Simple, predictive, proactive, responsive: The future of customer operations

| Article

For telcos, banks, insurers, energy retailers, and others in similar service-based industries, it has always been difficult to stand out from the crowd. With limited opportunity to differentiate their product offerings beyond geographic coverage, these businesses typically compete by offering a combination of low prices and a good customer experience to drive acquisition and retention. A key challenge for such organizations is ensuring that they can deliver each of those elements without compromising the other.

The pressure on both sides is becoming more acute. Incumbents are facing intense competition from new, digital-native market entrants, leveraging others’ infrastructure and offering radically different sales, service, and support models. This disruption, along with saturated markets in many sectors, has triggered a war for share that has driven margins down to historically low levels. Customers are becoming less loyal, too: in mid-2020, 36 percent of US consumers reported trying a new product brand in the previous three months.

Those forces were in play before the COVID-19 crisis, but the pandemic has been a catalyst for more rapid and radical change. As the mass transition to remote working has increased demand for reliable service and rapid problem resolution, companies have struggled to provide this reliability as they faced reduced call-center capacity and mixed levels of resilience from outsourced service providers. A weaker call-center experience has thus encouraged customers to migrate to self-service digital channels in search of a quicker resolution to their requests.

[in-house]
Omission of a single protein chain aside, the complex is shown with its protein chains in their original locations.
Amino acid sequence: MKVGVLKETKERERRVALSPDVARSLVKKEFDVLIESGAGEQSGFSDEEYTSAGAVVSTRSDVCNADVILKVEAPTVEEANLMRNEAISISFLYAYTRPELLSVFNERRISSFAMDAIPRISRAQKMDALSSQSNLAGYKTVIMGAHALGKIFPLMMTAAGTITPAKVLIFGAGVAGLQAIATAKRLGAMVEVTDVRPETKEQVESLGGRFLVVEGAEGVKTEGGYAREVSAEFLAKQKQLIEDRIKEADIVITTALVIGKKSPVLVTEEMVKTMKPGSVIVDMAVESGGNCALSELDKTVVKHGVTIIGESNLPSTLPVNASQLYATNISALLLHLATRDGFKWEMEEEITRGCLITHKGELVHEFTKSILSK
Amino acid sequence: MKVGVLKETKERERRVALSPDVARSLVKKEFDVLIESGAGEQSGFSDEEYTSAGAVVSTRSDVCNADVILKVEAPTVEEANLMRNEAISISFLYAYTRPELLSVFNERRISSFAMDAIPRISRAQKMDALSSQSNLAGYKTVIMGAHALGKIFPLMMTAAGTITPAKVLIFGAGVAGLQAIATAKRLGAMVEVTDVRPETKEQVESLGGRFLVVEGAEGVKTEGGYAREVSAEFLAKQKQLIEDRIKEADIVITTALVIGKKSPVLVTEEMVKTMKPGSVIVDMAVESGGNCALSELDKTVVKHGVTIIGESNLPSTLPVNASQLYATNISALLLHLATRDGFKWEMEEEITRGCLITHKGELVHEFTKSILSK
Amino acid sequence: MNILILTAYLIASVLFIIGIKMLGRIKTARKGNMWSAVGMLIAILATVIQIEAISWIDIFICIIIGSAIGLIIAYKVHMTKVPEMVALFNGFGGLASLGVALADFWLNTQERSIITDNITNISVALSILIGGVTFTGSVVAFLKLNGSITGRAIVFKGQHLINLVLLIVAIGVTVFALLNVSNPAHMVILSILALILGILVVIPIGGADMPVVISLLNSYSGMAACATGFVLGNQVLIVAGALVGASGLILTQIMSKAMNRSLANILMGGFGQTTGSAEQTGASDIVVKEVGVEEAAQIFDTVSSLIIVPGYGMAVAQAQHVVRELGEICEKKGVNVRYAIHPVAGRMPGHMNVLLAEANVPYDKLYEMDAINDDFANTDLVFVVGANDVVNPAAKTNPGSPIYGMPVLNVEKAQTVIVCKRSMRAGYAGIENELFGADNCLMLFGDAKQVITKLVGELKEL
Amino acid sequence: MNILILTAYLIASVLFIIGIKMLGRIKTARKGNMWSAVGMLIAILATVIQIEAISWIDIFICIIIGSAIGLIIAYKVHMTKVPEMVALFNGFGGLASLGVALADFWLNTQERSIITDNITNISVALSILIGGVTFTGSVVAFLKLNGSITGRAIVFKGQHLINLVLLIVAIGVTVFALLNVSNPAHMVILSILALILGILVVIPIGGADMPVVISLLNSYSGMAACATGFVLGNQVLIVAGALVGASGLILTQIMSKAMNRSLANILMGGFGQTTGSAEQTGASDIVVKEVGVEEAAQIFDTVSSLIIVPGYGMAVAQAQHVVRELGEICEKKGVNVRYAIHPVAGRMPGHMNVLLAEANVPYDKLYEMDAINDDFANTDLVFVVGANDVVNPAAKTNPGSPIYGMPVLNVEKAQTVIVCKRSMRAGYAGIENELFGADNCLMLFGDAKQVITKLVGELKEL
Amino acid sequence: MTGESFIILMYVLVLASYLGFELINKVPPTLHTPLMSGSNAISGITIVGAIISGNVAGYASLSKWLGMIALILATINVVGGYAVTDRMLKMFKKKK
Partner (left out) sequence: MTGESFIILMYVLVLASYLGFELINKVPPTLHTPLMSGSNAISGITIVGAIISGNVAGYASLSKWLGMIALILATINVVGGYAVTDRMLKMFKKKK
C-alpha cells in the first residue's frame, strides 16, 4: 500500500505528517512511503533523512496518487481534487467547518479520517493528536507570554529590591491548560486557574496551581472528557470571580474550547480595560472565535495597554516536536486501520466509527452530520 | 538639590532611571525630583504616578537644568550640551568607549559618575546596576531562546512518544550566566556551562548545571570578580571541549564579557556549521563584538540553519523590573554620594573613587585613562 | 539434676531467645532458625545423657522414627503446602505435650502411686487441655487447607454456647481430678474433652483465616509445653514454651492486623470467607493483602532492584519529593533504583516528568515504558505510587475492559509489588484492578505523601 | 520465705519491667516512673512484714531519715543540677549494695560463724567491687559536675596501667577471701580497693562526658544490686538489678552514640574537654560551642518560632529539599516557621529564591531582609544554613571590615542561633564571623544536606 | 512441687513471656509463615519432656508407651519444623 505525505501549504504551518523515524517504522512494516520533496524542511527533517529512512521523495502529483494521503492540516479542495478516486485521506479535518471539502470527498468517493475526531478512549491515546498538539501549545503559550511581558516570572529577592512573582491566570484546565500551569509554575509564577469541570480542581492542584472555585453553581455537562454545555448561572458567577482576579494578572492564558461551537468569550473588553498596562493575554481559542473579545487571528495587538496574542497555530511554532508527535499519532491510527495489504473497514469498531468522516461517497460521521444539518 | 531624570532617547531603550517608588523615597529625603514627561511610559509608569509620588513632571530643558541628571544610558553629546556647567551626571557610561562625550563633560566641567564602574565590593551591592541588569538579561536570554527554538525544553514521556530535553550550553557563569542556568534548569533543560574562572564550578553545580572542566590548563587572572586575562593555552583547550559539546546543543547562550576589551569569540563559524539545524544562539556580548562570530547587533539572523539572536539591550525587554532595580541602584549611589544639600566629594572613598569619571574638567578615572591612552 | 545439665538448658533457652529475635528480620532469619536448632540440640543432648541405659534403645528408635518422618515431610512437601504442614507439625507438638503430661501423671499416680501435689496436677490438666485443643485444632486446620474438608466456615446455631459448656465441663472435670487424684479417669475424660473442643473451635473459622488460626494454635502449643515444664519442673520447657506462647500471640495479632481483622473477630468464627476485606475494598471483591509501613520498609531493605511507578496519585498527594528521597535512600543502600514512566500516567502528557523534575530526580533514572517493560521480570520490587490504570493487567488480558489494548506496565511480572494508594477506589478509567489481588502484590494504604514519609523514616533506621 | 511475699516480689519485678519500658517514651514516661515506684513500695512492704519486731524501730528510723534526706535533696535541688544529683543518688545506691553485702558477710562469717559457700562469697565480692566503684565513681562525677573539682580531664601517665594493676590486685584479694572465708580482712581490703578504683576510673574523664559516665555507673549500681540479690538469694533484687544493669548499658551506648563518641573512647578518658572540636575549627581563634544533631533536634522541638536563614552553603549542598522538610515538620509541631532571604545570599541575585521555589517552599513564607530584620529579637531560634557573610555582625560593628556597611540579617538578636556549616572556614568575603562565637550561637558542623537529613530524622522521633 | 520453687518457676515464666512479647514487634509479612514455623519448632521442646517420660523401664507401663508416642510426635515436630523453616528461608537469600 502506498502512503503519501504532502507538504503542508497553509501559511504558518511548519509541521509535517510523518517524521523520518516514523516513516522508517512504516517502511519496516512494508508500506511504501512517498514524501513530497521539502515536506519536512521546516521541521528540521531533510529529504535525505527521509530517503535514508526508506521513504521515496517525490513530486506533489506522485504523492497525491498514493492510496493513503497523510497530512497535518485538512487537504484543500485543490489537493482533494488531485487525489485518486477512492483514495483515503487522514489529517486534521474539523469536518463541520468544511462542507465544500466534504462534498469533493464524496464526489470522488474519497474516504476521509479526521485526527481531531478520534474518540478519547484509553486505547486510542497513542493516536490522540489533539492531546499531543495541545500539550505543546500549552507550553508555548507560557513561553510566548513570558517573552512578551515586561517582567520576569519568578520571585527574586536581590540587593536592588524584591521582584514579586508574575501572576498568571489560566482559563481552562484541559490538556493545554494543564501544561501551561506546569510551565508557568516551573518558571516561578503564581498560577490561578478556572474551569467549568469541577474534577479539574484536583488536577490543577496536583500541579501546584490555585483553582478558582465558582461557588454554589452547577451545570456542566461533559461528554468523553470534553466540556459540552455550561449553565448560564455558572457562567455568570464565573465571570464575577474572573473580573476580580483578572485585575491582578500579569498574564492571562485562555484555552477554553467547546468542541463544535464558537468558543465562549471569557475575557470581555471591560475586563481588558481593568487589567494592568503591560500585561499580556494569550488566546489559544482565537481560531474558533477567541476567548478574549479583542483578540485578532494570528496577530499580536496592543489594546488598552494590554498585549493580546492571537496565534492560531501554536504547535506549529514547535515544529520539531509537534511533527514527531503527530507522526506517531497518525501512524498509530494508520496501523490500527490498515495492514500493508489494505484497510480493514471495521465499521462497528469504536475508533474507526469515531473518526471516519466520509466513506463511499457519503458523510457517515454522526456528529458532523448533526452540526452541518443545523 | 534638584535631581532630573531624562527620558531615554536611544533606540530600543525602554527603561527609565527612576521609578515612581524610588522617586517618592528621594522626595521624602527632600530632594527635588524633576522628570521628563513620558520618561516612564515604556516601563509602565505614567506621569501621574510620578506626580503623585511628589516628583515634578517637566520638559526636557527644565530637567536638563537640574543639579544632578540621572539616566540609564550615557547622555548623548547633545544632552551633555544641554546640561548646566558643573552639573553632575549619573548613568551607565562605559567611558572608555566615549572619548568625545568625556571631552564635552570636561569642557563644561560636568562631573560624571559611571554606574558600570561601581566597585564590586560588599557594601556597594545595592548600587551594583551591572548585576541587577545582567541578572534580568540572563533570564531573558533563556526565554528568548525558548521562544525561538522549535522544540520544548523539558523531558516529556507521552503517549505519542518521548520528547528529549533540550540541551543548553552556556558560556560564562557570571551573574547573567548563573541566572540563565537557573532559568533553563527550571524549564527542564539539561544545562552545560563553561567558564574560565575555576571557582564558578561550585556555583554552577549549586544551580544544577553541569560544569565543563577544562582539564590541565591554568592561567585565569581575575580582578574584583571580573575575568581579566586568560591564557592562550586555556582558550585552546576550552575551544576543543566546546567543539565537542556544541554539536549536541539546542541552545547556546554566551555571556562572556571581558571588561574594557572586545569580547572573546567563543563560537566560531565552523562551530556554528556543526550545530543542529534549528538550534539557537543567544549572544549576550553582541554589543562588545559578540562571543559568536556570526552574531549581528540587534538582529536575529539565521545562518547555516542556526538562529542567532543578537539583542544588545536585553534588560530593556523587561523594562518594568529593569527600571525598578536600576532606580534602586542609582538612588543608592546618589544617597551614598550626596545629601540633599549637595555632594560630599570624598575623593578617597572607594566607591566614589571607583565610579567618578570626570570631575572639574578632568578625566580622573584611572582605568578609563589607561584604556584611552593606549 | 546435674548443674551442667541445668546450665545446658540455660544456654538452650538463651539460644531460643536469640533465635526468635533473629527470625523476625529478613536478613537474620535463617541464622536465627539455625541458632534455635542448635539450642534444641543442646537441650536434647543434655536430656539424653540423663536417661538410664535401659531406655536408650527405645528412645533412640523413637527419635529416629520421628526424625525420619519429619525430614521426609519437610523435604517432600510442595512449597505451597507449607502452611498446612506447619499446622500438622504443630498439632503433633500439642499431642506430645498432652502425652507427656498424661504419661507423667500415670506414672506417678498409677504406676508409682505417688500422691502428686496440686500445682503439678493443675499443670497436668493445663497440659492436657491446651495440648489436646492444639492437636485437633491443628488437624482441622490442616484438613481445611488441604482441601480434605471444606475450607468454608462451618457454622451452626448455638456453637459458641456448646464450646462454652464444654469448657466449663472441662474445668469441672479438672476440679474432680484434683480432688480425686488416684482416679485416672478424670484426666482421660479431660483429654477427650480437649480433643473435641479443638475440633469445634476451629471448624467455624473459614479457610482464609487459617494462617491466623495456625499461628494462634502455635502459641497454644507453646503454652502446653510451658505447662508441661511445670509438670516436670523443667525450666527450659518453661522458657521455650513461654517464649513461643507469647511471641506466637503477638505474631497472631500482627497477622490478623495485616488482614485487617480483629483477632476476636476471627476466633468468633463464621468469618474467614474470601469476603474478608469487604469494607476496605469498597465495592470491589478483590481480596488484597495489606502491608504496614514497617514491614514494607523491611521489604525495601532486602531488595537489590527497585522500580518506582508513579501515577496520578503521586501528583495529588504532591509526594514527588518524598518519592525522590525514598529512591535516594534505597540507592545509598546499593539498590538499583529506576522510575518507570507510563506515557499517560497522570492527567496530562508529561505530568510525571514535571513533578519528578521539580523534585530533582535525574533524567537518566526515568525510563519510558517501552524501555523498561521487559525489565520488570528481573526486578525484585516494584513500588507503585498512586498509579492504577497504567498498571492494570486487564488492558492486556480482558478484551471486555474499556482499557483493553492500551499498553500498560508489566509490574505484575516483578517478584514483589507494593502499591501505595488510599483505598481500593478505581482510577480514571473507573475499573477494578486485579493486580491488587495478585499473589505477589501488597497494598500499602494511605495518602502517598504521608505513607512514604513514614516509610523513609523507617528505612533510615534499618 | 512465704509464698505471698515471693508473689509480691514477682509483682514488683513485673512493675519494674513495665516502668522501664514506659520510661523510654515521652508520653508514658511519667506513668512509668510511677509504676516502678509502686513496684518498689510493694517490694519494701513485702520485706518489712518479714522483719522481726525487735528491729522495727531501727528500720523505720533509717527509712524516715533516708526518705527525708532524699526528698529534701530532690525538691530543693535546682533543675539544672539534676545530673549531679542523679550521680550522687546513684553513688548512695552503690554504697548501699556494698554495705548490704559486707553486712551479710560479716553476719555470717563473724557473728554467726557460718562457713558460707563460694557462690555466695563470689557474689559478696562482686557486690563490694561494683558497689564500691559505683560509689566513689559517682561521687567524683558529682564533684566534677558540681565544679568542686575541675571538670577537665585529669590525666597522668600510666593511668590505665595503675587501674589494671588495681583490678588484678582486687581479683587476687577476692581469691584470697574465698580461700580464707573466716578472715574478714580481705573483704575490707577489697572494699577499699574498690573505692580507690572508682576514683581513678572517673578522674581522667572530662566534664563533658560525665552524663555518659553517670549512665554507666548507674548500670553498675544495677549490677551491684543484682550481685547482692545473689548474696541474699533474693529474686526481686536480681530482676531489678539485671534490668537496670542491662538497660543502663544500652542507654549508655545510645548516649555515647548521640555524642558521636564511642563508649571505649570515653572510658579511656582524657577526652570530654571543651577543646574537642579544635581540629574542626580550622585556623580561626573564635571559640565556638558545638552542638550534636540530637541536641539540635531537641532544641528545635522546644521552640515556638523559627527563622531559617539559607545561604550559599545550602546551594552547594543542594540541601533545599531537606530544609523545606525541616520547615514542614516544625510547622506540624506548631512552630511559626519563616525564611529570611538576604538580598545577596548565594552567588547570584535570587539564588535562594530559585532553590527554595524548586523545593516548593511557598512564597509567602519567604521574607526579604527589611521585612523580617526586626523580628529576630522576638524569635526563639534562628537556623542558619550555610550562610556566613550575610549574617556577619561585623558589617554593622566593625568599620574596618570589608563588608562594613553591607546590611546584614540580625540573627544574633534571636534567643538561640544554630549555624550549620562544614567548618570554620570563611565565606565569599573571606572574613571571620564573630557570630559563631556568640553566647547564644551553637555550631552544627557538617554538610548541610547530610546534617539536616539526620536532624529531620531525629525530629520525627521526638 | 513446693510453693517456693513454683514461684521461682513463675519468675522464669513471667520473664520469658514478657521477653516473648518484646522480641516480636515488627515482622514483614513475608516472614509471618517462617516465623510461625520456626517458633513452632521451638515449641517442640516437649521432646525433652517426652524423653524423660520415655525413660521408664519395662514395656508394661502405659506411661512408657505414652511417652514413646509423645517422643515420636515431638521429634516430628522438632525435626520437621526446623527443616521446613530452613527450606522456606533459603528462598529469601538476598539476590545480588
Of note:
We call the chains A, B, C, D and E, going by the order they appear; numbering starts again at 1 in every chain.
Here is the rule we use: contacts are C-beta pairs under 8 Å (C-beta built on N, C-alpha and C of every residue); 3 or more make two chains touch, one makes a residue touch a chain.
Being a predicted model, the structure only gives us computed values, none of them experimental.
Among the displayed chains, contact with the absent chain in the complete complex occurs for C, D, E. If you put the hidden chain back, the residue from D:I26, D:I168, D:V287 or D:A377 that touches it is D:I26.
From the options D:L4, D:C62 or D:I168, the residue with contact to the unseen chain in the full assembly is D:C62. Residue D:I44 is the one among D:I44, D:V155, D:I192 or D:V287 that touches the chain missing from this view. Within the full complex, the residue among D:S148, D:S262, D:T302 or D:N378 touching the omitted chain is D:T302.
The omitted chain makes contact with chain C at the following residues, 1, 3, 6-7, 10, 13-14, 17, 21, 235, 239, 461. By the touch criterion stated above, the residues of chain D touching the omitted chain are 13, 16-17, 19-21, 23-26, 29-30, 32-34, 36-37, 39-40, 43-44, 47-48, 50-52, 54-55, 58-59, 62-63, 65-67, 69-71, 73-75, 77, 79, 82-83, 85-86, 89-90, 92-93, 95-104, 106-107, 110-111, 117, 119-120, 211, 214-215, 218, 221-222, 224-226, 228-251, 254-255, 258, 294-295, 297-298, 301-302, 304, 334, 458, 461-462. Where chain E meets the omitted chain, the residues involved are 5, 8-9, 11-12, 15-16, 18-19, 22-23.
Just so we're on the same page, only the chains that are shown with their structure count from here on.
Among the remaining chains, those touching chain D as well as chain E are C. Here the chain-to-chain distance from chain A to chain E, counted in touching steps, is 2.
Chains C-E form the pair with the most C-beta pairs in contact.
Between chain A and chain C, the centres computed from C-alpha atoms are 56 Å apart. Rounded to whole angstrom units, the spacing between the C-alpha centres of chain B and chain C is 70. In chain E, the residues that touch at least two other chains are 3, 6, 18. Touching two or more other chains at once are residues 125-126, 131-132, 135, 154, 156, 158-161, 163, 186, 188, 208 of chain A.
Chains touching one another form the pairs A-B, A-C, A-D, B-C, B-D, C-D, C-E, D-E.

All this is driving companies to redouble their efforts to integrate new technologies into their customer-service operations. Companies rightly see digital tools—such as user-friendly, artificial intelligence (AI)–assisted self-help options and advanced analytics–based issue prevention—as a way to achieve significant productivity improvements, while also offering a better customer experience. For companies, the big shift has been the urgency of the transition, with leaders wanting to transform both service and cost in 12 months or less, rather than three years or more.

Achieving this ambition will require a new approach, an expanded toolkit, and a big mind-set shift away from today’s standard approach to service innovation—which tends to focus on the introduction of narrow solutions addressing individual service channels or specific customer touchpoints. Instead, companies have an opportunity to think more holistically, aiming for an environment where the most popular service options are also the best and the most cost-efficient.

Companies can succeed by doing three things well:

  • Go for every opportunity, but prioritize upstream solutions